How to become a rich and famous columnist

I am in the writing racket and a student has asked me to please go ahead with some pointers on how to become rich and famous as a columnist. Now my wife wants to know where I am hiding all that money...

Jack Engelhard, | updated: 06:05

Jack Engelhard
Jack Engelhard
צילום: מתוך האתר האישי

Once in a while against my better judgment, I teach a master class on writing. Writing, as we know, is not a perfect science, so there isn’t much to teach, except to practice…practice, to borrow the advice on music when someone asked Heifetz for directions to Carnegie Hall. Some say it wasn’t Heifetz, but the advice still stands.

For some reason, the best student in my class is Gilda, yes, like the movie, with Glenn Ford, in which Rita Hayworth is so sensational. In class, it’s no secret that Gilda is my favorite. She’s from Finland. I like that about her, and how she puts in double time on the American language and the craft. Practice…practice, that she does.

She is resolutely serious about writing and for the longest time, she tried fiction, for which I could never give her a good grade. I suggested she try essays – column or blog writing. She handed in an opinion piece. I said it needs work, but it’s much better, indeed, with practice, the way to go.

Why, she asked, is the narrative voice so different from the one to the other – from my novels to my columns. In the novel, then, opinions and characterizations vary from one extreme to another, and a wise novelist will let the chips fall where they may. In writing Opinion, the writer is generally restricted to a single point of view.

I explained that a novel operates in a separate universe. Different people live there. I say so best in this novel, where I say of someone, “He can write. But he is not a writer.”

There’s a world of difference between the two, but nearly impossible to explain.

As for opinion prose, no one did it better than Mike Royko, or does it better than Mark Steyn or my teammate at Arutz Sheva, Giulio Meotti.

Almost forgot – Oriana Fallaci, who taught everybody, including this writer, the blood and guts it takes to make art.

Okay, Gilda saw the future, for her at least, so column-writing it would be, because, she said, “I want to be rich and famous like you.”

About rich, my wife, I explained, would like to know where I am hiding all that money, and about famous, honest, I have relatives who still do not know what I do for a living. Mostly that’s the case among extended family I haven’t seen for a while, who slap me on the back, saying, “So, how’s it going in the advertising racket?”

No, Harry, I am in the writing racket…and so Gilda has asked me to please go ahead with some pointers on how to become rich and famous as a columnist, and perhaps, she suggested, I’d want to do a series on the subject, since there is so much to say. Agreed! So, upon the proposition that there 100 rules and regulations, but for another day, we’ll start with…

Number 1 – Never assume that today’s readers have a sense of humor. Those days are gone. So don’t even try.

They will misunderstand nuance, irony and whimsy and because they take everything so literally and so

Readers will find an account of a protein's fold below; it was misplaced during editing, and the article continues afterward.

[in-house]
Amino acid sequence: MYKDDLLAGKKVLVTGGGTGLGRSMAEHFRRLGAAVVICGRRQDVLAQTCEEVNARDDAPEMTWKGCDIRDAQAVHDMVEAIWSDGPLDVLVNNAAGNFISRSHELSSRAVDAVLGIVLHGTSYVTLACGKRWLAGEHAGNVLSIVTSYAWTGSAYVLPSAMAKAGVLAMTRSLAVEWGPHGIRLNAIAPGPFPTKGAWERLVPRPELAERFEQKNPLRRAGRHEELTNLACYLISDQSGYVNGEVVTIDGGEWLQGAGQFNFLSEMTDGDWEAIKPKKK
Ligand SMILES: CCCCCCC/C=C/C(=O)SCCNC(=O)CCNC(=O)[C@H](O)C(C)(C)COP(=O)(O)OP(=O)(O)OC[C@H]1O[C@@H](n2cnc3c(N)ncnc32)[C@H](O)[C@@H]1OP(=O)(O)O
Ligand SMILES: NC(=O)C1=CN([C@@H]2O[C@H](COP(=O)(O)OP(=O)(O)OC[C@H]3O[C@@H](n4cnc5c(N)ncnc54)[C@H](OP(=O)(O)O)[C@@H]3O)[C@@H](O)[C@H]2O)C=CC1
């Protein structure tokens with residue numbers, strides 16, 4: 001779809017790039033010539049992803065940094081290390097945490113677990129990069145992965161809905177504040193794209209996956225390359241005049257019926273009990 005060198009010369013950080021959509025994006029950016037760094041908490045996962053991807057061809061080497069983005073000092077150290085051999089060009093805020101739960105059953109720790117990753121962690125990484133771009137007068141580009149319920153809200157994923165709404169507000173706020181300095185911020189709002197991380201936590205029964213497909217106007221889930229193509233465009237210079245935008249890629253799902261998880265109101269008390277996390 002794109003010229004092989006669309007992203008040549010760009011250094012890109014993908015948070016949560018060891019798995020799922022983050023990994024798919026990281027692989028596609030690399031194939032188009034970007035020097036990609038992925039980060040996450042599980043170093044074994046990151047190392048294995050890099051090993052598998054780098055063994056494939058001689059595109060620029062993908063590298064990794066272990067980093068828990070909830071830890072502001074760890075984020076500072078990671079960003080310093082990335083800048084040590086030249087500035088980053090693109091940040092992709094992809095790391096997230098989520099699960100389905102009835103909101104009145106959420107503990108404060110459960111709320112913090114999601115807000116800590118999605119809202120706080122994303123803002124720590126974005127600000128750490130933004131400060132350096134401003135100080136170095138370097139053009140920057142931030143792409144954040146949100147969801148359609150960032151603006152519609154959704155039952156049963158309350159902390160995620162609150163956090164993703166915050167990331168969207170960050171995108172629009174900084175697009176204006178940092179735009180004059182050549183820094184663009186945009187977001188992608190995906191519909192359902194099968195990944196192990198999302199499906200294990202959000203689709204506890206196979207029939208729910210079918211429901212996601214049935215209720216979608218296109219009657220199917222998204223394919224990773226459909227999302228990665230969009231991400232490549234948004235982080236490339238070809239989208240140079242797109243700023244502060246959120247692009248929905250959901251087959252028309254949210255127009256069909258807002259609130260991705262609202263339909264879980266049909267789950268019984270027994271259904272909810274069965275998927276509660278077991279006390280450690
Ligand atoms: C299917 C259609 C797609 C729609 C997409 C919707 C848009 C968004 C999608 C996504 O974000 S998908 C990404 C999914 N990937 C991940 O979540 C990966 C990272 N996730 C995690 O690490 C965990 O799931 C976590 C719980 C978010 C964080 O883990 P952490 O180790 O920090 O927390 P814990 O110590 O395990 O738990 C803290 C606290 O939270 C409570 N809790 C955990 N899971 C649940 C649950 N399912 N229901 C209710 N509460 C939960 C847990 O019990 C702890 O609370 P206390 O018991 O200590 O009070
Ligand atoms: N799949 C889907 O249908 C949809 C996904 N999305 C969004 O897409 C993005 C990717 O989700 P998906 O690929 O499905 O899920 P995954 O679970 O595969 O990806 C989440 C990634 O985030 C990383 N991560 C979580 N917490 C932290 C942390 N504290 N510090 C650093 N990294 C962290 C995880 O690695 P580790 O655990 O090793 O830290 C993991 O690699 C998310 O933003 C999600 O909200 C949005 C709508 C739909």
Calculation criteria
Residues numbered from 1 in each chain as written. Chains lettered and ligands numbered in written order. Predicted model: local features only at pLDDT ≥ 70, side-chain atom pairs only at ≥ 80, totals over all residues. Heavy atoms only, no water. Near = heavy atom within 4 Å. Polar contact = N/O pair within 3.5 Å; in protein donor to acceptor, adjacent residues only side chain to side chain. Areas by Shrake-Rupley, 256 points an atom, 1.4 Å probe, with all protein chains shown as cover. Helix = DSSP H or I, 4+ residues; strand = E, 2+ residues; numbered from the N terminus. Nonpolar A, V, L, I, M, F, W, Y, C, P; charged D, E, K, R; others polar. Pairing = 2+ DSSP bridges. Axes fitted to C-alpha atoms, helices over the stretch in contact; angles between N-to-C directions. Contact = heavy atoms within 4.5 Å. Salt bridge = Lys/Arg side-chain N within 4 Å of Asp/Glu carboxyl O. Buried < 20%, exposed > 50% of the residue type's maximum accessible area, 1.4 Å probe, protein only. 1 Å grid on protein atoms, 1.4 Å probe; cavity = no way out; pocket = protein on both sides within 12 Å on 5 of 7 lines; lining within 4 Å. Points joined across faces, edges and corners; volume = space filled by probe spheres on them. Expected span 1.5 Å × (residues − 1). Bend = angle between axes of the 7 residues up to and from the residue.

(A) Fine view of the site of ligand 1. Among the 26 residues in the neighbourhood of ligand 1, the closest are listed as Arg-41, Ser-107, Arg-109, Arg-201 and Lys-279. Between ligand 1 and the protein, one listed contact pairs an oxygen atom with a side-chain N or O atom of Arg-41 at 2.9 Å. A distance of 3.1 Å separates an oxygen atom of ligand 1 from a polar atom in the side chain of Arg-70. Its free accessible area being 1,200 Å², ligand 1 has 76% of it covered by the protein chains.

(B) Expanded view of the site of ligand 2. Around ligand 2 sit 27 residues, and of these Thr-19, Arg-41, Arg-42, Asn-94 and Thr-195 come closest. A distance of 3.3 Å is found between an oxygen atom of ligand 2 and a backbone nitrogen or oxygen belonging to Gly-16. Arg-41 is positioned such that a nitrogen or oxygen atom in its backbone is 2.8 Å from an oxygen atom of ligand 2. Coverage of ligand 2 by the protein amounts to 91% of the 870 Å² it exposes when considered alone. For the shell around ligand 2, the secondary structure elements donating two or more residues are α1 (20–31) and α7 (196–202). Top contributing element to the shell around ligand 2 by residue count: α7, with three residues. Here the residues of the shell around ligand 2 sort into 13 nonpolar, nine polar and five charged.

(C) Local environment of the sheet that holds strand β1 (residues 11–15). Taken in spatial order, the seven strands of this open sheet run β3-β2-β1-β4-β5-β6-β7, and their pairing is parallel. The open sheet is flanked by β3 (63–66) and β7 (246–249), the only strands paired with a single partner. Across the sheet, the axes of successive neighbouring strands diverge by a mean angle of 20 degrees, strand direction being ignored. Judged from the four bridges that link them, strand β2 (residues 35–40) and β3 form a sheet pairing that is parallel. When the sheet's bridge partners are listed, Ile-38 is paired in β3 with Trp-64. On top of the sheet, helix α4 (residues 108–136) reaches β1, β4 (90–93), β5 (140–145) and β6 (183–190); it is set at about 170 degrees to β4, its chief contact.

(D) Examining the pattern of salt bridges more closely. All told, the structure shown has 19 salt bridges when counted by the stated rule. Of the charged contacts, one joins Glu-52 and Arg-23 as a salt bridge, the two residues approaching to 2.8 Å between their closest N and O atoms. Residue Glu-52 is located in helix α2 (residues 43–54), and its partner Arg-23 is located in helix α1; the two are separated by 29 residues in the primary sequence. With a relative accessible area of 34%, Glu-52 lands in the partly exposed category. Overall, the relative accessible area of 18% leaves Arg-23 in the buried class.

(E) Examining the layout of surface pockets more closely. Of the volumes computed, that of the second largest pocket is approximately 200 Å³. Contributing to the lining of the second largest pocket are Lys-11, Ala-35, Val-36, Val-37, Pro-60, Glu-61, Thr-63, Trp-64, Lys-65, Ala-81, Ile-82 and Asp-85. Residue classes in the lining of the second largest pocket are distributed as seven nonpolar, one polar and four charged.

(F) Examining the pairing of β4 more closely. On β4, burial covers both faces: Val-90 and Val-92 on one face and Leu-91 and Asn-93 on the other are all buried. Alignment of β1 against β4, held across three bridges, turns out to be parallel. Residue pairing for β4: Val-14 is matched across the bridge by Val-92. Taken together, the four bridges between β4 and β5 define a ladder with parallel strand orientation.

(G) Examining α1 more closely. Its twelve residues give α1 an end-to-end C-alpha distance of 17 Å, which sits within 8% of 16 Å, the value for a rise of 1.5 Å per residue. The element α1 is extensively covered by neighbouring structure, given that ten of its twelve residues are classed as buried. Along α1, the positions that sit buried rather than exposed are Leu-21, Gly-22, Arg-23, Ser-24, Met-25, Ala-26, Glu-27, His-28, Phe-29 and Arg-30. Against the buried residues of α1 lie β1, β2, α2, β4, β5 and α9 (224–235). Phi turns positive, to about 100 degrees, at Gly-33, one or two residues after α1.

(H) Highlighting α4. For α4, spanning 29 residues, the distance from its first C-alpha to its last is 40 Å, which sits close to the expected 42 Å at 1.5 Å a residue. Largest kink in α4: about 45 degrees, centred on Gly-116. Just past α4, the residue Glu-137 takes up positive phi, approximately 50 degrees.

People stopped laughing for the joy of it in 1968. From then on it’s been heartbreak hotel. Even Seinfeld now stays close to home...won't go to any college campus.
seriously, they will react angrily and try to skin you alive.

People stopped laughing for the joy of it in 1968. From then on it’s been heartbreak hotel. Even Seinfeld now stays close to home. He won’t take his comedy on the road to any college campus. The kids have become so humorless, so grim and so intolerant. The light’s gone out. They sit as jurors. Every word must conform to PC standards. Otherwise it makes them “uncomfortable.”

2. The best writers make you uncomfortable. Just now the American Library Association snubbed Laura Ingalls Wilder for failure to meet community values. How odd!

Once a year, the ALA celebrates books that have been banned. Now even they do the Index.

3. Trust your friends to read you, get you, and like you.

4. Nonsense. Writers have no friends. It’s dog eat dog.

5. Never read the comments or the reviews. The good ones you won’t believe and the bad ones will break your heart.  

6. Never write anything unfavorable about Donald Trump. That’s a mild caution.

7. Never write anything favorable about Donald Trump. That’s a warning. You won’t be doing lunch anywhere anymore.

8. On Israel, write about it only as if King David is looking over your shoulder. If Tom Friedman is more your style, then you are both on the wrong side of history.

9. On politics in general, be the cool head in the crowd. Stay neutral and objective and speak for both sides of the argument.

10. Unfortunately, that means neither side will respect you in the morning.

11. Do not let your spouse read your column, if it’s only praise you’re after. Who needs the grief?

12. Keep in mind – few of us can truly call ourselves writers, but everybody’s a critic.

New York-based bestselling American novelist Jack Engelhard writes regularly for Arutz Sheva.

He is the author of the international book-to-movie bestseller “Indecent Proposal” and most recently the two inside journalism thrillers “The Bathsheba Deadline” and “News Anchor Sweetheart, Hollywood Edition.” Engelhard is the recipient of the Ben Hecht Award for Literary Excellence. Website: www.jackengelhard.com




 



 








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